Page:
Article

Sadye L. M. Logan

Paul Hullman Ephross (1935–2017) served as professor for over two decades on the faculty of the University of Maryland, Baltimore School of Social Work (UMB SSW). He retired in 2008. He was a popular, creative, and innovative teacher who excelled at experiential-based teaching. Through his research and scholarly publications he made a significant contribution to the knowledge base in the profession.

Article

Maryann Syers

Abraham Epstein (1892–1942) was an economist, educator, and writer. He was a leader in the post-World War I movement for passage of social security legislation. In 1927 he founded the American Association for Old Age Security (later the American Association for Social Security).

Article

Jeanne C. Marsh

Laura Epstein (1914–1996) was a social worker, writer, and academic. She developed the task centered treatment method of social work intervention. Her search for more humane and effective therapies has influenced many students, practitioners, and clients.

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Norma D. Thomas

Natalya Estemirova (1958–2009) was a human rights activist, a journalist, and a teacher who was abducted and killed in 2009 after working on stories of human rights abuses by the Russian government in Chechnya.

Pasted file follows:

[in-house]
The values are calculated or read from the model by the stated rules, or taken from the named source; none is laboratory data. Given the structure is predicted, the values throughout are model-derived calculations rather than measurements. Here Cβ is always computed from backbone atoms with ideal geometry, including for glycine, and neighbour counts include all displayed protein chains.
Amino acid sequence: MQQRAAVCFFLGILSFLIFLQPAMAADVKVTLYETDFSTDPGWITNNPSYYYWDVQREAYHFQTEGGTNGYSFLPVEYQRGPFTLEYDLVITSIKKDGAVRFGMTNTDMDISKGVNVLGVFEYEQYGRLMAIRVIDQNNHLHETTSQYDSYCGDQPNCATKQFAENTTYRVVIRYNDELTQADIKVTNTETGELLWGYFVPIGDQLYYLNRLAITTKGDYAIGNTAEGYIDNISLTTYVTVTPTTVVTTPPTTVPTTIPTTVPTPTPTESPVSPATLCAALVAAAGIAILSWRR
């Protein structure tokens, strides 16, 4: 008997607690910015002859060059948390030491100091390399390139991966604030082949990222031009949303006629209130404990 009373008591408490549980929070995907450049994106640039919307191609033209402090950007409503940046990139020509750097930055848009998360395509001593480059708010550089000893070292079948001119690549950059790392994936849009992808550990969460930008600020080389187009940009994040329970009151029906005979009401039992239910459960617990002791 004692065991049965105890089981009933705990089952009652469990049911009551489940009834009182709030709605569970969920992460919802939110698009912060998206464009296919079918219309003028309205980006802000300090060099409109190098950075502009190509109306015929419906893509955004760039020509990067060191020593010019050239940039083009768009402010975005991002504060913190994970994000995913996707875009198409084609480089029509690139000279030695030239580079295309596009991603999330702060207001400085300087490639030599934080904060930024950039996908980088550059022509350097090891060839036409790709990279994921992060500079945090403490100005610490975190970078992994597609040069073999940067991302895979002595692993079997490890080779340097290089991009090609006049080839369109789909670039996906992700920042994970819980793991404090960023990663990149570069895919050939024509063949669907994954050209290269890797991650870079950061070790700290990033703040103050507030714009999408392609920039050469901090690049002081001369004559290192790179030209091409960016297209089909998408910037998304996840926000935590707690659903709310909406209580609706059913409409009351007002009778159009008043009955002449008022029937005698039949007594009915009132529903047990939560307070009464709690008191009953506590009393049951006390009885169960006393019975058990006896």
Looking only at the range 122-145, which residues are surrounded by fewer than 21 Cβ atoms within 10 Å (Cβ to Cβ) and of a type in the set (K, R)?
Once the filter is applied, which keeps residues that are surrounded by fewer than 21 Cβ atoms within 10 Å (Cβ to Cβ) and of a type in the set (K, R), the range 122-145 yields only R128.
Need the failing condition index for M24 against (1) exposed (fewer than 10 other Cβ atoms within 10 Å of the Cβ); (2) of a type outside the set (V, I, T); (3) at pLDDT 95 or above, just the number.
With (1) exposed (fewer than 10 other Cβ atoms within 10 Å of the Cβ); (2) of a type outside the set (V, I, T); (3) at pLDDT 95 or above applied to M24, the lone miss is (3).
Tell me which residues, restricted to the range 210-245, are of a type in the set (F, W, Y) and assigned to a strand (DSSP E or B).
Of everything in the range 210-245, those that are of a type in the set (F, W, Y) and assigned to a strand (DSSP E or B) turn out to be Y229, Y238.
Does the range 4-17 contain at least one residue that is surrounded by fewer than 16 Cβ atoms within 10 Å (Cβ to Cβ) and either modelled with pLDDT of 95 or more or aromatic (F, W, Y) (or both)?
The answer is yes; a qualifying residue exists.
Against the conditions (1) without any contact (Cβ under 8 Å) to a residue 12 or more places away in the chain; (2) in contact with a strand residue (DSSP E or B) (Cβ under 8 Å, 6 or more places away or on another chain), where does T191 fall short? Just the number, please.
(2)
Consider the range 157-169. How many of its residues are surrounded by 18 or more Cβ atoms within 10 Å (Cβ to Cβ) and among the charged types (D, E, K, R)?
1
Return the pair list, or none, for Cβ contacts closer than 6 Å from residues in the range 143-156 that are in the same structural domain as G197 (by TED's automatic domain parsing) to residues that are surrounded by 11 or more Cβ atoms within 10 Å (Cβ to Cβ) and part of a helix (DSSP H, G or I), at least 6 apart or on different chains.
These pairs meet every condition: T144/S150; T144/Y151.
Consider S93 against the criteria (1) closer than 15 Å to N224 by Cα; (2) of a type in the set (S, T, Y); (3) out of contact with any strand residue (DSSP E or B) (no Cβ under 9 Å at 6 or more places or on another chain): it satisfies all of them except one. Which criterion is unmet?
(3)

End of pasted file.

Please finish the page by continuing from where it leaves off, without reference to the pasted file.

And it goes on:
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Phylis J. Peterman

Rawle Farley, PhD (1922–2010), economist, scholar, academician, and advocate; known for his groundbreaking work in the study of economics in developing nations.

Article

Karen Smith Rotabi

Sattareh Farman Farmaian (1921–2012) founded the Tehran School of Social Work in Iran.

Article

Maryann Syers

Fedele Fauri (1909–1981) was a specialist in social legislation and public welfare in the United States. He was dean of the University of Michigan School of Social Work for nearly 20 years and helped found the school's doctoral program which combined social work and the social sciences.

Article

Dean Pierce

Ronald Federico (1941–1992) was a teacher, program administrator, and scholar. He was a leader in the development of undergraduate social work education. He provided curriculum consultation to countless social work education programs and was a mentor to many undergraduate social work educators.

Article

Sadye L. M. Logan

Frances Lomas Feldman (1912–2008), Professor Emerita at University of Southern California (USC) School of Social Work, was an indomitable force in the social work profession. Her primary research focus was the social and psychological meanings of work and money in American life. She will be remembered for her compassion and for establishing a standard of best practice to families that protected their dignity and supported their inner strengths when seeking aid.

Article

Wilma Peebles-Wilkins

Sarah Fernandis (1863–1951) was a civic leader and organizer of public health activities in Black communities. She founded the first black social settlement in the United States. In 1920, she became the first Black social worker employed in the City Venereal Disease Clinic of the Baltimore Health Department.